Hot Ish from P-Town –> October

(L to R, Top) Nate Campisi(guitar), Chris McCune(drums, vox)
(L to R, Bottom) Jacob Huffmyer(bass), Brendan Miller(guitar, vox)

So last time I wrote an article about a Pittsburgh band, it came with relative ease. I liked Red Hands’ music but I didn’t personally know anybody in the group (although I plan on meeting Tyler Kirin very soon for an epic karaoke battle that may destroy Pittsburgh). Writing about October is a little trickier for me. I know these guys personally. We’ve partied together. Jake and I rode the same school bus and I will forever remember his two-shoulder-straps, trombone-case-carrying swag. Nate taught me the ins and outs of not getting ripped off when I bought weed my freshman year in English Lit 101 at CCBC.  I currently work with Brendan and have had a couple philosophical conversations with him. I’ve shared responsibilities with Chris as a pizza delivery driver/kitchen bitch, spent a drunken Birthday night on his couch after sharing a fuckpit with him and his girlfriend at Lava Lounge and he drove me to my parents’ house when I thought my dad was having a heart-attack. So, yeah, I’m biased.

That being said, these guys kick ass. Tremendous, copious amounts of ass. They’ve honed their sound to a razor-sharp point over the last decade or so. The crowds at their live shows are always packed in like sardines, head-banging zombie sardines. They’re very loud and aggressive in concert, standing in sort of a circle formation as they play. They’re always in constant, subtle communication with each other through movements that only come from really knowing each other very well.

If you knew them, these are some of the most humble, kind-hearted dudes offstage you’ll ever meet. But Chris sounds like a demon when he screams and Lemmy-esque at times when he sings and Brendan’s angry growl will make you shit your pants. Instrumentally, they fall somewhere under the metal banner. I’d rather you just listen than me try to explain what they sound like.

Sidenote: I was going to go into saying how October has changed so much over the years and has moved through their punk/post-hardcore stages into having a sludge/stoner/doom sound. But I don’t like to start genre-classifying bands much further beyond rock or metal. Why? As seminal 80’s butt-rockers Ratt(they earned that classification and I can safely say that I don’t think it will be changing anytime soon) sang, “Round and round, what comes around goes around, I’ll show you why…dig.” Labeling a band serves as nothing more than a pigeon-holing process. It limits their potential for creativity. Gentrifying music also causes a fan to expect a certain thing when he or she hears a band and it almost always sets up disappointment. Either the band doesn’t sound like what they were supposed to sound like, they’re copping another band’s style, they can’t step out of that genre in future writing or they’re expected to dress or act a certain way. It’s assimilation through deconstruction; how’s that for circular logic?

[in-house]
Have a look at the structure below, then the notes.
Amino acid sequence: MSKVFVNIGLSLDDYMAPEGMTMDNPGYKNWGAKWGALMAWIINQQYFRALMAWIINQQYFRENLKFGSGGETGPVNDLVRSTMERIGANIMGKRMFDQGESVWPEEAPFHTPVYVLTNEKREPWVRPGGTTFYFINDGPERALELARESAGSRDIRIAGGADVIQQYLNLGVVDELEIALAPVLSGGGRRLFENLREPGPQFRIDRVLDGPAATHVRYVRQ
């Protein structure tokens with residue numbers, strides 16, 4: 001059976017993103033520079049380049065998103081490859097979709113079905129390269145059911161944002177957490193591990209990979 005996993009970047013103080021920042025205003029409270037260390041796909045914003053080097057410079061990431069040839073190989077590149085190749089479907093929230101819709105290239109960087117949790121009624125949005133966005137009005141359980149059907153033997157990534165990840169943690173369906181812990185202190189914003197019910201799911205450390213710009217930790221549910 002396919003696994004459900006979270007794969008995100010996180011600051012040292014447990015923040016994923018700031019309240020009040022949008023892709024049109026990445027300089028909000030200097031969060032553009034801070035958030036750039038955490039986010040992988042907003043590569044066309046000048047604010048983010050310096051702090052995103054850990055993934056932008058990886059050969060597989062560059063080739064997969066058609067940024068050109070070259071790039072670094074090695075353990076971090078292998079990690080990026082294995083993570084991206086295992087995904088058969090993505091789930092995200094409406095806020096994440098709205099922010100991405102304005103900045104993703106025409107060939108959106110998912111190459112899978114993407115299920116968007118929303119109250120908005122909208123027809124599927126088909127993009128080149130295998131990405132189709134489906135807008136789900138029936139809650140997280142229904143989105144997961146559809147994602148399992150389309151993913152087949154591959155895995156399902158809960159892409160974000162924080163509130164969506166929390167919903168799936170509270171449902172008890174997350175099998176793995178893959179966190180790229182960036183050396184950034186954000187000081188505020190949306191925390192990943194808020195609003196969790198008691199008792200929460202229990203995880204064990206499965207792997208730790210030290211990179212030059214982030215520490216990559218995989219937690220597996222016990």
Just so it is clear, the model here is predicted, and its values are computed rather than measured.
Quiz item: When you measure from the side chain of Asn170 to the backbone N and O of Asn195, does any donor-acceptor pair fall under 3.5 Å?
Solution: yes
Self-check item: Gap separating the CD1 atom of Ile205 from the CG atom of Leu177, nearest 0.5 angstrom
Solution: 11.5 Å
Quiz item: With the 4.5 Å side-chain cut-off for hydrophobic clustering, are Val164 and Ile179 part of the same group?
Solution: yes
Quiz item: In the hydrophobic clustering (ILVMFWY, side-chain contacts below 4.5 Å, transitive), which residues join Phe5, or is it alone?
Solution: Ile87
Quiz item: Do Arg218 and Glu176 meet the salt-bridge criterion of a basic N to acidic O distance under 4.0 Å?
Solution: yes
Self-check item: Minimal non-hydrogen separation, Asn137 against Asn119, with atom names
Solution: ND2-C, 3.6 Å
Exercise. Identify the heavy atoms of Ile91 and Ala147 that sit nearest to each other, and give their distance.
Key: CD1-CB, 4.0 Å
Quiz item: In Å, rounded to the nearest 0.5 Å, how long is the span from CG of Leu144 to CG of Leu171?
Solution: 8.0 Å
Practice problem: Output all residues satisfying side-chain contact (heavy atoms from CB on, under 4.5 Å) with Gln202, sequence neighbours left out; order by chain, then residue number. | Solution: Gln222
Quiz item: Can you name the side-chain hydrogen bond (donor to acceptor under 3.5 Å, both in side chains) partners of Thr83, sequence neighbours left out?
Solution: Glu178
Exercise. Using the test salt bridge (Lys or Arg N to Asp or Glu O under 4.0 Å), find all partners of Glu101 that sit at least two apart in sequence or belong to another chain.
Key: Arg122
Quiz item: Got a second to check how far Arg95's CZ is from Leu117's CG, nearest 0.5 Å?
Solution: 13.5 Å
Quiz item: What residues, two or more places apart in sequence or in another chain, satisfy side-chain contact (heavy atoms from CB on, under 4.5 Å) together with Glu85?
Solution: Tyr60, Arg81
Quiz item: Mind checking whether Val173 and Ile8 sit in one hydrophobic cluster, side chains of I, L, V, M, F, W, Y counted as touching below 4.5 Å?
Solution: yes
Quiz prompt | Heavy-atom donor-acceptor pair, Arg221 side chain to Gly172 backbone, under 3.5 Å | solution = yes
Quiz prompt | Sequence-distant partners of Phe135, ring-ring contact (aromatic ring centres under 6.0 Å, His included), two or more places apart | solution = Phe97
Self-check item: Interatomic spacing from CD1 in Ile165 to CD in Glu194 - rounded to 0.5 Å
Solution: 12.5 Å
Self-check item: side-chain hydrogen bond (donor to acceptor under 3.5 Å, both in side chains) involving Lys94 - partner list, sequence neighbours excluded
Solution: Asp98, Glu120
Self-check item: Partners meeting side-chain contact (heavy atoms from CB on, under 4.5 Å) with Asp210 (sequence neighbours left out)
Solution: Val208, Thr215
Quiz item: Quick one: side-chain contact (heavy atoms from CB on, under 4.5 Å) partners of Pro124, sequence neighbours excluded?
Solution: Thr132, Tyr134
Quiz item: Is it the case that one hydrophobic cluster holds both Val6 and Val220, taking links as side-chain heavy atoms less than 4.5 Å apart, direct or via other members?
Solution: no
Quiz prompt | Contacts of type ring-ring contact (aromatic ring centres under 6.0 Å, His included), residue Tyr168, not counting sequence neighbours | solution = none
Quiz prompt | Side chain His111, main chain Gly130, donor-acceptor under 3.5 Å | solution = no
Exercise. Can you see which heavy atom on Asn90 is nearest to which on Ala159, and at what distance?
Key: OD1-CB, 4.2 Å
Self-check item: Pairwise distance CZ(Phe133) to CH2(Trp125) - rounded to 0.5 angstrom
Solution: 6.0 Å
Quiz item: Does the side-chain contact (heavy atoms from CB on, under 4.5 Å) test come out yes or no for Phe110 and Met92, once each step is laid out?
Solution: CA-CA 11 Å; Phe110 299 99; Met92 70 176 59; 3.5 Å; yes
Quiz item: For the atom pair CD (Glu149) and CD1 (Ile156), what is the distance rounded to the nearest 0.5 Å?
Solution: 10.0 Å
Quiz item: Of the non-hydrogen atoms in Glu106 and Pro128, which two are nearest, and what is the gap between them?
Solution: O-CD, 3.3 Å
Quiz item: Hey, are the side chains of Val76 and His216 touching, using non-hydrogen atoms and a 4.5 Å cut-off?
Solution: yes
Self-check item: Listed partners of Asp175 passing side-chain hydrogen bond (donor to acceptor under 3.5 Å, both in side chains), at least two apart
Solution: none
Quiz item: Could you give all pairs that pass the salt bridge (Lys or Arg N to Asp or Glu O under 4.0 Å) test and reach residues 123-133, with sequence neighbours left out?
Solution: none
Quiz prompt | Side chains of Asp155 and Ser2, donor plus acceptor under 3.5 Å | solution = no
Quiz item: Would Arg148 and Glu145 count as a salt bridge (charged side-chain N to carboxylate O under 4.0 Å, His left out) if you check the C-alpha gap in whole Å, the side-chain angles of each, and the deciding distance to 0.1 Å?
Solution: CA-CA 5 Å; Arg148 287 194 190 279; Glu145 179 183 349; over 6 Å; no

Below are a handful of videos in reverse chronological order that I think well-illustrate October’s evolution through the years, including a live performance, a music video and some good tunes.

Here’s a clip from a recent show at the 31st Street Pub.

Here’s the very well made video for Big Dummy, sans vocals. Vocals have become more regular in the last two years for October and have improved vastly in a short amount of time.

Winter Sunrise is a single from October’s six song release. It’s title is perfect since in the first 35 seconds of this song I envision  a Viking waking up in his cave in Valhalla, stretching, then looking out from a mountain top and bellowing, “WINTER SUNRISE!”

Hillside Motif is an anthemic battle cry for Beaver County kids. If you don’t like this song, you suck.

Just to give a blast from the past, here’s how different October used to sound several years ago. This song most definitely shows the punk roots of the scene at the time but as it breaks down you can sneak a peek at the future. You can listen to the rest of this old release on YouTube, I love it. It’s kind of all over the place stylistically and reminds me a bit of Thrice, then again, Thrice never adhered to any particular genre either.

October has been playing a lot of shows lately and has been reinvigorated over the last year or so to really make a grab at success. You can purchase their recent self-titled EP, which was appropriately released on Halloween of 2011, here:

October’s Facebook:

October’s Reverbnation:


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